Interview With Artist Samir Sarkar On His Army Background & Meeting Mother Theresa

Interview With Artist Samir Sarkar On His Army Background & Meeting Mother Theresa

They say every artwork has a story, but if you look at Samir Sarkar’s work, it’s like a poetry written with colors. Using strong visual elements and bright colors, his artwork makes you want to just sit on your couch and get lost in the fantasy world.

Here is our interview with Samir, an emerging star in the Indian Art scene.

The Army makes you travel

When you are in the army, you home is always mobile; you may have to shift base as and when required. Most kids tend to hate this fact, they need to leave their friends behind, move to a new school and start life all over again. But, Samir was a dreamer; to him the pleasure of traveling and seeing new cities was too strong to regret leaving the old behind.

With his dad being in the army, he moved from one place to another. He went from Agra to Shimla, explored many more cities before finally settling down in Kolkata. All along, each city helped him grow his visual experiences, picking up bits and pieces as he moved along.

According to him, “Traveling so much as a kid forced me to get better at communication and understanding human behavior.” This has paid him good dividend, as it allows his work to connect with the people and reflect on the society he lives in.

Where it all started

“When I was in class 8th, I had a classmate Raju who was brilliant at art. His work fascinated me. It made me wonder how he could use simple stokes to make something so beautiful.”

Inspired by his friend, Samir started on his own journey as a little curious kid looking for a medium to tell his stories.

While he started learning by himself, living in Kolkata (a city in India), he happened to be residing in the vicinity of some leading Indian artists. Persistent to learn and improve his work as a 16 year old, he would land up at their house, asking for advice and suggestions to improve his work. That dedication paid off and he joined a diploma of visual art program at the Academy of Fine Arts (Kolkata).

Soon he was doing solo shows and exhibitions, building his own signature style.

Tomorrows Foundation

In 1996 Samir met Mother Teresa. He was so moved by what she was doing, that he stared working with her NGO, Tomorrows Foundation as one of the founding members to help kids on the streets.

Tomorrows Foundation is committed to all-round development of children from underprivileged backgrounds to help them become self-reliant and enjoy their right to a dignified life. Samir was instrumental in development of the TF Card Project, a way to bring about economic independence for the children from Kalighat brothels (red light district in Kolkata, India), streets and slums.

Working with the organization for many years, helped him a great deal as an artist. It allowed him to better understand human emotions and the power of bringing a smile on someone’s face.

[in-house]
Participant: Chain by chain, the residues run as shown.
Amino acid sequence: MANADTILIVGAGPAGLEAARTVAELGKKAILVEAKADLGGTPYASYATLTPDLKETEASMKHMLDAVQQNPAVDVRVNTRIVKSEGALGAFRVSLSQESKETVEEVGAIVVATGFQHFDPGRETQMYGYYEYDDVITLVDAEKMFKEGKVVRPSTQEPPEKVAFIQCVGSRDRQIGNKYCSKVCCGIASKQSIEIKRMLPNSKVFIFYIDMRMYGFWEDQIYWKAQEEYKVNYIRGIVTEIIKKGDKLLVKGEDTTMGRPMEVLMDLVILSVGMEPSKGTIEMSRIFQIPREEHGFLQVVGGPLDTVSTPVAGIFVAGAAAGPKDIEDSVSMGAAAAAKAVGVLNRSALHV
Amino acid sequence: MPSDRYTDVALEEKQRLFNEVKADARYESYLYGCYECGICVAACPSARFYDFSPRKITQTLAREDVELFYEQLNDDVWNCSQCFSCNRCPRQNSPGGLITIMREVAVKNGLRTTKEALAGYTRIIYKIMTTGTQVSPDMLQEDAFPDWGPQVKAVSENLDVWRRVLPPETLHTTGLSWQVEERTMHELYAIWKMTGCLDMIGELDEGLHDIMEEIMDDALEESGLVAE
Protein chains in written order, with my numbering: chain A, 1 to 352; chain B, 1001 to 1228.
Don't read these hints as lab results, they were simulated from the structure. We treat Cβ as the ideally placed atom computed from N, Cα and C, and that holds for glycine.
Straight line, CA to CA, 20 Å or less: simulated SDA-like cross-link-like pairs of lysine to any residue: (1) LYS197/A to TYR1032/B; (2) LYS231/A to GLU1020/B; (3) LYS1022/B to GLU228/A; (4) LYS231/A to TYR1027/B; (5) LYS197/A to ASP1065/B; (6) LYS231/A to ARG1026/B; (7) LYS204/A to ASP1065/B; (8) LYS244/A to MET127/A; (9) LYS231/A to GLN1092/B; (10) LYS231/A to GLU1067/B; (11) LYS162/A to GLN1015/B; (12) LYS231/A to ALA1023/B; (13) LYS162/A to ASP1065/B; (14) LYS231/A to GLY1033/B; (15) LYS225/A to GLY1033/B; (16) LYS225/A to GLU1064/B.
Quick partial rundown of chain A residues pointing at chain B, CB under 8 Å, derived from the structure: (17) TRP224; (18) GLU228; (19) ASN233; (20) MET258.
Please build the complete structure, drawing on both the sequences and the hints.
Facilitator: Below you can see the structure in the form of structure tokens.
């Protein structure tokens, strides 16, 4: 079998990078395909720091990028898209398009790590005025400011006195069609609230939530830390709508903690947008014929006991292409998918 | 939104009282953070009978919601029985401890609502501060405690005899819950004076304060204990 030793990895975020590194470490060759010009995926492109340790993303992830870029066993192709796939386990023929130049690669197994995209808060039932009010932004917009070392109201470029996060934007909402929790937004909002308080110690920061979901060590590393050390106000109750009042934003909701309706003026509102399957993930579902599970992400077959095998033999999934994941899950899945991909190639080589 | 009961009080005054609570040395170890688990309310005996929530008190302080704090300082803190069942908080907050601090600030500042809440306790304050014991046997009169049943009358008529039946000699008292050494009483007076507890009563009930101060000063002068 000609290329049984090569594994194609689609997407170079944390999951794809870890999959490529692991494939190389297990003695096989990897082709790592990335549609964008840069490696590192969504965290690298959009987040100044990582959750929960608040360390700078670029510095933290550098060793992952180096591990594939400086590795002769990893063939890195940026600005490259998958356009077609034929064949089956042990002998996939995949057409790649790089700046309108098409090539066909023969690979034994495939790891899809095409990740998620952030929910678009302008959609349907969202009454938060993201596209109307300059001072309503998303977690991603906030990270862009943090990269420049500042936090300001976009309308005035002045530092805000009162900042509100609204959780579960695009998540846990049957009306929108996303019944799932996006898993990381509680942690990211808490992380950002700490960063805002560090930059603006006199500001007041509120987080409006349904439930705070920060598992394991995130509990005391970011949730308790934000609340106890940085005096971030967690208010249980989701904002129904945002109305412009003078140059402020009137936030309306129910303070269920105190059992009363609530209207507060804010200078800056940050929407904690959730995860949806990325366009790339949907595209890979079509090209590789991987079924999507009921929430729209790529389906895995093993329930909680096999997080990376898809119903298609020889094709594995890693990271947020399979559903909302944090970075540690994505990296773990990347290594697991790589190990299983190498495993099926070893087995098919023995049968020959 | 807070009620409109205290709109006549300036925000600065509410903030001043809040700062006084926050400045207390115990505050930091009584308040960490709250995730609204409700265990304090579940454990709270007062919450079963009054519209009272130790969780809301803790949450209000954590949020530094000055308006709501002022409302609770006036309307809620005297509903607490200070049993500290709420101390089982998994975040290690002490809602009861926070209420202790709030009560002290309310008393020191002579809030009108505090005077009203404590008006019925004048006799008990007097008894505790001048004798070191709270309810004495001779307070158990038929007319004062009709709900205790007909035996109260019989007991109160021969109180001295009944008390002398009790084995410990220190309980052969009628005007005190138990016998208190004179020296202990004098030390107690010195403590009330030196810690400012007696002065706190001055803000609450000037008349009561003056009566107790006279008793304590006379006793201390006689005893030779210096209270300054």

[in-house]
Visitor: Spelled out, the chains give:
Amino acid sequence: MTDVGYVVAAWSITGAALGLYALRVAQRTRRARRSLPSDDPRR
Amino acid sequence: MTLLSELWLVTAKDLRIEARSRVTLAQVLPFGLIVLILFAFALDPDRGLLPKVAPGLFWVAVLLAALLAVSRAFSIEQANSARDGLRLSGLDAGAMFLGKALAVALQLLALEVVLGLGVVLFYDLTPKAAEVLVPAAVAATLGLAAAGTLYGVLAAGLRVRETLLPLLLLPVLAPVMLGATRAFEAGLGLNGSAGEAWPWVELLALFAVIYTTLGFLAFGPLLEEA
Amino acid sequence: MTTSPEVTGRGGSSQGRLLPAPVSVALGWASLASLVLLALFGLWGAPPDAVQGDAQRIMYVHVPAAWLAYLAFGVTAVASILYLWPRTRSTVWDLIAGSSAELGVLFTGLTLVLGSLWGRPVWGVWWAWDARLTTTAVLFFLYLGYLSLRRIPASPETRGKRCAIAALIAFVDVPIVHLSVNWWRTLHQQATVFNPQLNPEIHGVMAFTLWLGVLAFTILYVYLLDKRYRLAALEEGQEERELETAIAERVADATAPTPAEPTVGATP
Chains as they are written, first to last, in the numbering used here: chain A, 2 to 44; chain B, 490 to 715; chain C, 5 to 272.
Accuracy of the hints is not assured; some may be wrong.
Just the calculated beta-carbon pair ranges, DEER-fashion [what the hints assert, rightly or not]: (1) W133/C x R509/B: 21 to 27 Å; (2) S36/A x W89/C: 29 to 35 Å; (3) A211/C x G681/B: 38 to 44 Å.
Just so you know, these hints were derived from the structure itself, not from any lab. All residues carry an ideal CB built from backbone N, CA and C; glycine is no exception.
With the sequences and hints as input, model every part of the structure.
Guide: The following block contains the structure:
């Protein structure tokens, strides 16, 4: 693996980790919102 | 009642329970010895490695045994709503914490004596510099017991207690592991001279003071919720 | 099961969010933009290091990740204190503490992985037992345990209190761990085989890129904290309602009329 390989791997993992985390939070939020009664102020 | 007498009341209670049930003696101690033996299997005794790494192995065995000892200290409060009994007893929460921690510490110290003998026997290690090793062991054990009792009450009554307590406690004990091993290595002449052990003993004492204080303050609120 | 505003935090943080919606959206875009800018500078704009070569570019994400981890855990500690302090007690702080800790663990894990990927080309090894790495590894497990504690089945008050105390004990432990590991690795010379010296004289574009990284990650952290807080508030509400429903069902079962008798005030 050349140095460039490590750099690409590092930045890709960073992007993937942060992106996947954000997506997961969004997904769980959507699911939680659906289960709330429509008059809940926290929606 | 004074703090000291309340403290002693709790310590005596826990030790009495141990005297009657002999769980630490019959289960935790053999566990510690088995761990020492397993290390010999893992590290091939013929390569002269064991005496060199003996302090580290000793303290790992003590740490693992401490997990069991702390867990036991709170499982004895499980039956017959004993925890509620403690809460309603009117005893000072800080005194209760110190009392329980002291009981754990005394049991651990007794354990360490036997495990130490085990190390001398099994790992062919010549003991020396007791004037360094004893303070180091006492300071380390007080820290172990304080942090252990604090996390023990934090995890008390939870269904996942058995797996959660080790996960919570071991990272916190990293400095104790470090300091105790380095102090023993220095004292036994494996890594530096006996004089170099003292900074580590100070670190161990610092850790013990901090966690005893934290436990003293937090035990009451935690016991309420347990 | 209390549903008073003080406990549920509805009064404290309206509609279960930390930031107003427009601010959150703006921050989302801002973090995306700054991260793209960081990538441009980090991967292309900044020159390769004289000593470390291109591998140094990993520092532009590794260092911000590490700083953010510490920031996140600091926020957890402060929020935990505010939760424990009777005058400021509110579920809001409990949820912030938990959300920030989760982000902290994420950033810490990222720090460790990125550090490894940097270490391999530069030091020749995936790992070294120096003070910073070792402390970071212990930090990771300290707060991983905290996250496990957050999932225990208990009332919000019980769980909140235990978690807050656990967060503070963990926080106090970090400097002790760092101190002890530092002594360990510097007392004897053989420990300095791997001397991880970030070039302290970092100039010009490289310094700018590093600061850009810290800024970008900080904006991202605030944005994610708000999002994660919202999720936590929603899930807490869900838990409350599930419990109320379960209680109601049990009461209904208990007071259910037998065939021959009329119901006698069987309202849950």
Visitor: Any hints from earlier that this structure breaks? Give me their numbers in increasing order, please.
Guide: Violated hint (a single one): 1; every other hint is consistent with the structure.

According to Samir, “I never understood humans could have such humility and simplicity. When you work with these children, they would tell you stories, which are often filled with pain. It makes you appreciate life a lot more.”

It gives you the strength to wake up everyday and want to bring a positive change in the world you live in.

Big Hat, Big Responsibility


Besides the story and the bright colors, one of the most fascinating things about Samir’s artwork is the hat. When you look at his work, it makes you wonder, why all the protagonists in his work have adorned something on the head.

Samir believes that the hat is a symbol of power. Its helps an individual stand out, but it’s more than just a fashion statement. It puts an additional responsibility on the bearer, sending out a message to the world, giving hope to people from different walks of life.

“You can see the hat everywhere around you. In the old days, the kings wore the crown, now we have the pope and the police wearing it. It’s a symbol of power and in most of my paintings; these hats bring the characters in the center-stage and help him be the catalyst for a change.”

Faces, Music and Family Bonding

Like a story, Samir’s paintings have a lot of themes and messages, but they all revolve around strong emotions and human relationships.

One of the most peculiar things about his paintings is the face. He says that many of his paintings have two faces, which depicts multiple characteristics that each individual depicts when interacting with different people – “We are not the same when we deal with different people. Humans have learnt to react depending on who they are engaging with.”

Often, when he takes a blank canvas, he does not have a defined goal for what he wants to paint. But, two main themes that come out from his paintings are music and family. According to him, “Music brings harmony of life and helps connect our senses.”

As far as family is concerned, he says that “I have seen so many broken families, that I try to show family bonding, affection and love, hoping that maybe my painting would bring about a positive change.”

Source of Inspiration

Samir’s biggest source of inspiration is his family, his parents who have supported him, his wife and son who are always there for him. But, more than his own family, his greatest inspiration is the hope he sees in humans. That hope encourages him to do something for the broken families, helping them see the light in the beautiful world we live in.


Bigger canvas, brighter colors and more intriguing stories; we will be looking forward to see the paintings of Samir Sarkar in the near future.


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